The Democratic Party put supporting the right of peoples in the USVI and other insular territories to self-determination, vote for president and be included in the 2010 Affordable Care Act into the party platform, former Delegate Donna Christensen reported from Philadelphia Monday evening.
Christensen is chairing the V.I. Democratic Party delegation the Democratic National Convention this week in Philadelphia. The plank adopted Monday evening is "a long way from the draft" originally brought to the DNC for consideration, Christensen said in an email.
As of July 1, the draft platform contained a plank that said, in its entirety:
"We support full self-government and self-determination for the people of the territories of Guam, American Samoa, the U.S. Virgin Islands, and the Commonwealth of the Northern Mariana Islands and their right to decide their future status."
But the plank approved Monday specifically supports self-determination, self-government, the right to decide future status, the right to vote for president, a vote in Congress, local access to Veterans Administration health care for veterans. And it supports at least "reviewing the feasibility" of including the USVI and other insular territories in the 2010 Affordable Care Act and raising the Medicaid cap.
While states get more Medicaid funds based directly on their income levels, the insular territories do not, and have a low cap on total funding. They received more funding through ACA but are still at a lower level of support, with higher matching requirements than the states. The three health-care related provisions, if enacted into law, would provide millions in health care funding to each of the insular territories.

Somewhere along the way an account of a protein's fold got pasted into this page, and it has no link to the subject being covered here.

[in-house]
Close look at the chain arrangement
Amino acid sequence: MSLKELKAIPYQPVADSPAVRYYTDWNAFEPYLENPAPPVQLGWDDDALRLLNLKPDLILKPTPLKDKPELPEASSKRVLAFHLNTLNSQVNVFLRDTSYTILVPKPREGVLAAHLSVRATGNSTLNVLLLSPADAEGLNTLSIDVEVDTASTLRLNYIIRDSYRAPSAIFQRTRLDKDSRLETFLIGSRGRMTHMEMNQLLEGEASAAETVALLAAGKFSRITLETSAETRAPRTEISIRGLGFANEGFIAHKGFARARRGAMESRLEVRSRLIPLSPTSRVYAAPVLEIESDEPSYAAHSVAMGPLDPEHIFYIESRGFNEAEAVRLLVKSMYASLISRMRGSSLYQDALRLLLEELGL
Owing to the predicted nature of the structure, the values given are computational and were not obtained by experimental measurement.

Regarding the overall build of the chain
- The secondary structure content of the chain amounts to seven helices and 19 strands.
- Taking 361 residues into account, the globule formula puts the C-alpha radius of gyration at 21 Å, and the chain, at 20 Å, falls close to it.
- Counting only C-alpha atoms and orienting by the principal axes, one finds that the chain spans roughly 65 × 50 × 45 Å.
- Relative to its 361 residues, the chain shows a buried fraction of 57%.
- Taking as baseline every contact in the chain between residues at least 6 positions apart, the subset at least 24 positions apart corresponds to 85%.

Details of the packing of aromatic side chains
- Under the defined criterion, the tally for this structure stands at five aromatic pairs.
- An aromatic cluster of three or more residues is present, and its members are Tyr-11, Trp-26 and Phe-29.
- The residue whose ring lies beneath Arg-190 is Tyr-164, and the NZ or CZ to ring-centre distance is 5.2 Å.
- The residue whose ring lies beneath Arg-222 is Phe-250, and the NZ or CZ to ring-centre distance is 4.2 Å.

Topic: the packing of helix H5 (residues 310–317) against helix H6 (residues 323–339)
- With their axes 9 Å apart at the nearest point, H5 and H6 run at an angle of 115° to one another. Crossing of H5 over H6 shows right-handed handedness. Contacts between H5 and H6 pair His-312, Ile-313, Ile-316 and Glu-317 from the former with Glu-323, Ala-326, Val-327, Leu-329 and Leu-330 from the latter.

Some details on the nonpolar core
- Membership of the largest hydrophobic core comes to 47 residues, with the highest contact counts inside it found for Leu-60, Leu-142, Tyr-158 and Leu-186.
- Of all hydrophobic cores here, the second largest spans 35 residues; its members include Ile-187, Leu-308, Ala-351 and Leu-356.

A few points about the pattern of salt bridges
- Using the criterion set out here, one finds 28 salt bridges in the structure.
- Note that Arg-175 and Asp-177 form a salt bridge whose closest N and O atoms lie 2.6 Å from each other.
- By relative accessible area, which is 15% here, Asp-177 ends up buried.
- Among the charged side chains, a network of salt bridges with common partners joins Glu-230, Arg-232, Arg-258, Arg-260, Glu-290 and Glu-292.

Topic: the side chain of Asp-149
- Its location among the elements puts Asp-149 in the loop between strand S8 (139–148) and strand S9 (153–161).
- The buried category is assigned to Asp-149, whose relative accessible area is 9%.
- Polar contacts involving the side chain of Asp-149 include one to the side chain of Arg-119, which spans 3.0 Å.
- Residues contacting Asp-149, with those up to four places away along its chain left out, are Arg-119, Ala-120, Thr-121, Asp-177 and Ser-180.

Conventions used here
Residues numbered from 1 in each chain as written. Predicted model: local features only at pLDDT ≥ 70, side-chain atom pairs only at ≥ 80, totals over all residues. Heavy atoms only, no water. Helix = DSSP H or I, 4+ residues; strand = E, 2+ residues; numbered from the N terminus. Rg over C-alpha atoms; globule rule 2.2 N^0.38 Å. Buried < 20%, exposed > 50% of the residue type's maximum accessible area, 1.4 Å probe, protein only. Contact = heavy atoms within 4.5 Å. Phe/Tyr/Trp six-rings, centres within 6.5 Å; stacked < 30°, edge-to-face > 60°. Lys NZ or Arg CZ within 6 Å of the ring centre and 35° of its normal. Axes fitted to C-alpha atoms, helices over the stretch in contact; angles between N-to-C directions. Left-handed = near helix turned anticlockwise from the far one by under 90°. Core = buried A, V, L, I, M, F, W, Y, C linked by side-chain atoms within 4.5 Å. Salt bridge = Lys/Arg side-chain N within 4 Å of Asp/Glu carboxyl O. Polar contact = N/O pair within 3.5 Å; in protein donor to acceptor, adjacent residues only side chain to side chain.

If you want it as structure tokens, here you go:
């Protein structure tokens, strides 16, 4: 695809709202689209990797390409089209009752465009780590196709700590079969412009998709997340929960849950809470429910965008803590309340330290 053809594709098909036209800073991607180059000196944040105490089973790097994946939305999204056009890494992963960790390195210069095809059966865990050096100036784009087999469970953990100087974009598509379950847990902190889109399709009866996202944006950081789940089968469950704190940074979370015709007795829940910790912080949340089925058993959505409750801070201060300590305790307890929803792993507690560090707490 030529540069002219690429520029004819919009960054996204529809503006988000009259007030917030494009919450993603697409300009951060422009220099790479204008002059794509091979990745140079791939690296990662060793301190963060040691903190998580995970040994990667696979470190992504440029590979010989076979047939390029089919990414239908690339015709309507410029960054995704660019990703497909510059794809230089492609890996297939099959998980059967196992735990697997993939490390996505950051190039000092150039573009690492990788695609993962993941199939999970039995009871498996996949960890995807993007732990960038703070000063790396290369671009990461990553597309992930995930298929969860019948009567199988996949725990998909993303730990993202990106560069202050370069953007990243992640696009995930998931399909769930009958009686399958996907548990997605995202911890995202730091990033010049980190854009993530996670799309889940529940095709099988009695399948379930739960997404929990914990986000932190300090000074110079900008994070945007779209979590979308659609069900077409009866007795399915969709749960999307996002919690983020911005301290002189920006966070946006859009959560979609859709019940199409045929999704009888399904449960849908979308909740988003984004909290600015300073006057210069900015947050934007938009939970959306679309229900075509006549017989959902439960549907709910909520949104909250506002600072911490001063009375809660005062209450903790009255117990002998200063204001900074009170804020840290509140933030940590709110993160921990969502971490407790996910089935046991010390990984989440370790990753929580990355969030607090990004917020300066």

The party platform is historically a set of guiding principles that is not necessarily deeply binding on Democratic members of Congress. So even if Democrats take control of Congress, it is not guaranteed the provisions will be enacted. And right now the Republican Party controls both houses of Congress and are vehemently opposed to expanding the ACA.
But this year the party platform is getting a lot more detailed attention in the press and from Democratic Party candidates because of the hard-fought primary battle between Hillary Clinton and Bernie Sanders and Sanders’ highly publicized effort to impact the platform before endorsing Clinton.
The outcome of the upcoming general election, both for the presidency and in Congress, and many other factors, will affect how likely, how soon and how much of the platform is brought about.